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Why does my bottom bracket creak?

Why does my bottom bracket creak? It's very annoying. This article helps you to identify the problem and get it fixed quickly!

This article is about general bike maintenance and not specific to LaVita bikes.

This article is mostly about press fit bottom brackets; we hope you also find it useful for identifying your bottom bracket type and then diagnosing the problem.

There are three types of bottom bracket in modern usage.

This is a guide only – always use appropriate force to avoid damaging your bike and if you’re not sure consult a local bike shop for help.


Square Taper bottom bracket

This is the oldest of the three styles of bottom bracket in modern use. The crank has a square hole and the bottom bracket has a square peg that pokes out, which is part of the crank axle which passes all the way through to the other side of the bike. The square hole has a slight angle, so the square is bigger on the bike side and smaller on the bolt side. When the bolt is tightened the pedal is squashed onto the peg. You will need a special tool to remove this sort of crank.


Taper crank

Taper bottom bracket (crank removed)


Threaded & press fit cranks

In both threaded and press fit bottom brackets, the cog side of the crank has the axle permanently attached. Simple undo the non-cog side little bolts and the non-cog side crank should come off without force. Then slide out the cog side crank.

Straight crank used with both threaded & push fit bottom brackets


Diagnosing bottom bracket bearing failure

For threaded & press fit bottom brackets you can put your finger into the inside surface of the bracket, where the crank touched it. This should rotate freely without roughness or wobbly movement. Any grinding or stiffness means the bracket needs to be replaced.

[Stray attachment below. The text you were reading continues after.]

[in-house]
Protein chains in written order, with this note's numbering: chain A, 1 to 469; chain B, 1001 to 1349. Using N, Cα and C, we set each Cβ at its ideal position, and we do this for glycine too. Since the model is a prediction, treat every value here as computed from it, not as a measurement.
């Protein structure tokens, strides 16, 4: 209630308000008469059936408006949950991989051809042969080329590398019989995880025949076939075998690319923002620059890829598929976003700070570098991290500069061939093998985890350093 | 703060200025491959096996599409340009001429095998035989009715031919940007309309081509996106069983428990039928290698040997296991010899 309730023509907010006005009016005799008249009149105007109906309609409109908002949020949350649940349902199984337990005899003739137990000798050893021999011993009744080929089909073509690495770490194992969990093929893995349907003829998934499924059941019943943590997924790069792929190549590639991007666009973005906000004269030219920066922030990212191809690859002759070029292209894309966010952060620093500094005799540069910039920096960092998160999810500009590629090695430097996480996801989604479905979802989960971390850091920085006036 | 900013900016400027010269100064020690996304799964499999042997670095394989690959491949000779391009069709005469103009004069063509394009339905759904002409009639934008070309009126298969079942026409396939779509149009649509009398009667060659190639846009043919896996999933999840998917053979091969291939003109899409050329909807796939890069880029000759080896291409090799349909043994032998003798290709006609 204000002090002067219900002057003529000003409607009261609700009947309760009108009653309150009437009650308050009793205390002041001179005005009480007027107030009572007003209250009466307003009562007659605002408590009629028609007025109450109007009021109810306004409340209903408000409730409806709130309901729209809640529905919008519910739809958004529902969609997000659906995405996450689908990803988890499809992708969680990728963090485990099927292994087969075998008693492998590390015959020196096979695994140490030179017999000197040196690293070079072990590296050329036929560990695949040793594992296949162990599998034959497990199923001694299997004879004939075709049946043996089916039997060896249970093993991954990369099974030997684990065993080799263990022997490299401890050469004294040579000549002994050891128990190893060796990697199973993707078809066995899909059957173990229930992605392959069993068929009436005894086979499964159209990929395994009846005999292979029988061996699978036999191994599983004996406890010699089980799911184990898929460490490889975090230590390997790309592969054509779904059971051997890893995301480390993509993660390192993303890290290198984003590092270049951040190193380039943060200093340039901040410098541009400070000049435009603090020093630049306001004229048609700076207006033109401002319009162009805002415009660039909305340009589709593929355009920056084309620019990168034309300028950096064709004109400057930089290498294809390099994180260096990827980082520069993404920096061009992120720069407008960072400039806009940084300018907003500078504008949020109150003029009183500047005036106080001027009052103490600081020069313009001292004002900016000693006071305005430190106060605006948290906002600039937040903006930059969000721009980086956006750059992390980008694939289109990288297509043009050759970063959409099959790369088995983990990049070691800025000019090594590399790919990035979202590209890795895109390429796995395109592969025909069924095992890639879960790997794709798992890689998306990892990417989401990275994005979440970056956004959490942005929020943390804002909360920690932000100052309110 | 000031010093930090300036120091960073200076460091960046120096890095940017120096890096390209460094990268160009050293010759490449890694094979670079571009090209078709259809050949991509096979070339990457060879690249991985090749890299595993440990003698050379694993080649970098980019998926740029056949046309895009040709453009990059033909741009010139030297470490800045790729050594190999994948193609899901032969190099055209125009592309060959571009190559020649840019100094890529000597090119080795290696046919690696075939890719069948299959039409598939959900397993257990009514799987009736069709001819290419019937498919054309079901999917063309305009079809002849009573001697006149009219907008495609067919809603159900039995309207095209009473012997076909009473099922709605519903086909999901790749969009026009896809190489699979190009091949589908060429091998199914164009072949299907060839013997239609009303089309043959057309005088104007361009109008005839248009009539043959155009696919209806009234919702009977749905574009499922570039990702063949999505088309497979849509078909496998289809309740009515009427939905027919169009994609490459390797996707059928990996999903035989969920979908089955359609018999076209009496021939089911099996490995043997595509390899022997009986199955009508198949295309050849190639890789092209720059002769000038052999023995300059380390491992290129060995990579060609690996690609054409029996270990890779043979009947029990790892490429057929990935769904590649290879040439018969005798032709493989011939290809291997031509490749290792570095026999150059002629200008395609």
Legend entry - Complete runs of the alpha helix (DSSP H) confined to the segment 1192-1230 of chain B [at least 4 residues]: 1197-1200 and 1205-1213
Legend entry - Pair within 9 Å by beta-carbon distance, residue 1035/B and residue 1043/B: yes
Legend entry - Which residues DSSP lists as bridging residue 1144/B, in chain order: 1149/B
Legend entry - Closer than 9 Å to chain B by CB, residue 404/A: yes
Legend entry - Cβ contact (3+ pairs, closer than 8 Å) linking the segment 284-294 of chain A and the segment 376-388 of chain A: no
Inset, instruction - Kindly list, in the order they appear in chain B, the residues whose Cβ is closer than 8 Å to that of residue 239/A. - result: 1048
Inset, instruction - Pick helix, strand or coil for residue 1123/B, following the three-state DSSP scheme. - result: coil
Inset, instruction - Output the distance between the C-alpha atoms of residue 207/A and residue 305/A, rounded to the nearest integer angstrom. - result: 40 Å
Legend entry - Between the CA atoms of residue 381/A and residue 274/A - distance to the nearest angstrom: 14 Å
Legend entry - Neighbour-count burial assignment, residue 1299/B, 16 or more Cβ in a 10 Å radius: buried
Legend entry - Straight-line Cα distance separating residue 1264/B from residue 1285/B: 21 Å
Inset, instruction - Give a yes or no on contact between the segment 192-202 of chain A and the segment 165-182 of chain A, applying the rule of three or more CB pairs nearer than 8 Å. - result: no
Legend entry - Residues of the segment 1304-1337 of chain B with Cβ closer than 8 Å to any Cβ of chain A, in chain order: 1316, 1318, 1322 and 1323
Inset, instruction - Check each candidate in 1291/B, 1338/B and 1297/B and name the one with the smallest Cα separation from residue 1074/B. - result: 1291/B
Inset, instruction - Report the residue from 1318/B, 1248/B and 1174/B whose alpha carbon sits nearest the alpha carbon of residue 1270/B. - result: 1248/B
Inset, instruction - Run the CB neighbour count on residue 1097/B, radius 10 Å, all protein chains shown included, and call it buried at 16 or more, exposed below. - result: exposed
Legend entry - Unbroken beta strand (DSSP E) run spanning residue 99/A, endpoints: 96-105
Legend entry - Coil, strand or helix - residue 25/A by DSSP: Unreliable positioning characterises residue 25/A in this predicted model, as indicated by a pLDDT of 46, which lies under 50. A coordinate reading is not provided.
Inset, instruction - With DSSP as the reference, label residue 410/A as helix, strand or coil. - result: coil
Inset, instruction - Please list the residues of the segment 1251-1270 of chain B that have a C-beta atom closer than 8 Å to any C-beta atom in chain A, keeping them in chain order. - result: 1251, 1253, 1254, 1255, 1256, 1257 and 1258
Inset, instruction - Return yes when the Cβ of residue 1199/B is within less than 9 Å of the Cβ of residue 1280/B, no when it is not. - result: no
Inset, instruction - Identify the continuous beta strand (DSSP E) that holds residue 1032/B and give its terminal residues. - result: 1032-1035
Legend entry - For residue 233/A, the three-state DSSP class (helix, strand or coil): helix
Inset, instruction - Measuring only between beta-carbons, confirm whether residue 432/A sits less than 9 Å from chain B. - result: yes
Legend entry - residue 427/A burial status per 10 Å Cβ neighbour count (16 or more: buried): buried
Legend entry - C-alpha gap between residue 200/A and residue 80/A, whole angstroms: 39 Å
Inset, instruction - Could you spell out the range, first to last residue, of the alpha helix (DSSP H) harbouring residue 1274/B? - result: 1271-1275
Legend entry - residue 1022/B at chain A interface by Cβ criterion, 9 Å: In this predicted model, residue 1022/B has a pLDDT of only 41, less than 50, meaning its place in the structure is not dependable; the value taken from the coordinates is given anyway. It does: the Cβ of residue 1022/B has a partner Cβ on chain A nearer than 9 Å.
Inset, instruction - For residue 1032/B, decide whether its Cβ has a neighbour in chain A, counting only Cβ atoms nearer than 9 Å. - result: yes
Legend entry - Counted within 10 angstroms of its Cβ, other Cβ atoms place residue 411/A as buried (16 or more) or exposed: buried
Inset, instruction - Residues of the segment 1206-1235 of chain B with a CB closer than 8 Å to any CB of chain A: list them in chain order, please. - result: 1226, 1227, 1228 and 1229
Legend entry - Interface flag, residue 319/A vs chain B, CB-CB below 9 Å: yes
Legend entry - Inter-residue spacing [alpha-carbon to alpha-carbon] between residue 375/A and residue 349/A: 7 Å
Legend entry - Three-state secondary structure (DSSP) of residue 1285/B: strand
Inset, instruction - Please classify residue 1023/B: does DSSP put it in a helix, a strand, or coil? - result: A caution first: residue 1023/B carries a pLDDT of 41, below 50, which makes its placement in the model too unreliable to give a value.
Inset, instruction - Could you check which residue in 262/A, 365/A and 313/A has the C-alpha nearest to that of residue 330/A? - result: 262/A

Threaded bottom bracket

The threaded bottom bracket has a left and right side, and usually a tube lightly fitted between them to keep out muck. Both sides have a thread, and this is threaded into the bike frame. Note that some styles of threaded bottom bracket use a reverse thread on one side so check carefully. Shimano standard is different from ‘Italian’ threaded.

You will need a special tool to remove a threaded bottom bracket. This is usually a job for a local bike shop.


Press fit bottom brackets

Press fit bottom brackets are commonly used on higher end carbon fibre bikes (there’s limited point using them on aluminium or steel where a thread can be simply made into the metal, and where weight is less critical).

There’s an open debate about whether press fit bottom brackets are a ‘good thing’. They are a tiny bit lighter than a threaded equivalent but do have a reputation for creaking. Some high end bikes continue to use threaded brackets.


Here’s a cross section through a press fit bottom bracket and crank. Imagine looking from the rear wheel axle on your bike and looking towards the front wheel, with X-Ray vision.

The press fit bottom bracket has three parts

  • Bearing cup (blue) – the ball bearing race is pressed into this. Made of reinforced nylon plastic (where alloy, this becomes a hybrid bracket which we will discuss elsewhere. The ‘Hambini’ style of bottom bracket is a hybrid, not a press fit.)
  • Ball bearing race (black); ball bearings running in a groove between an inner and outer metal hoop. Most have covers on each side to stop muck getting into the balls. Made of hardended steel.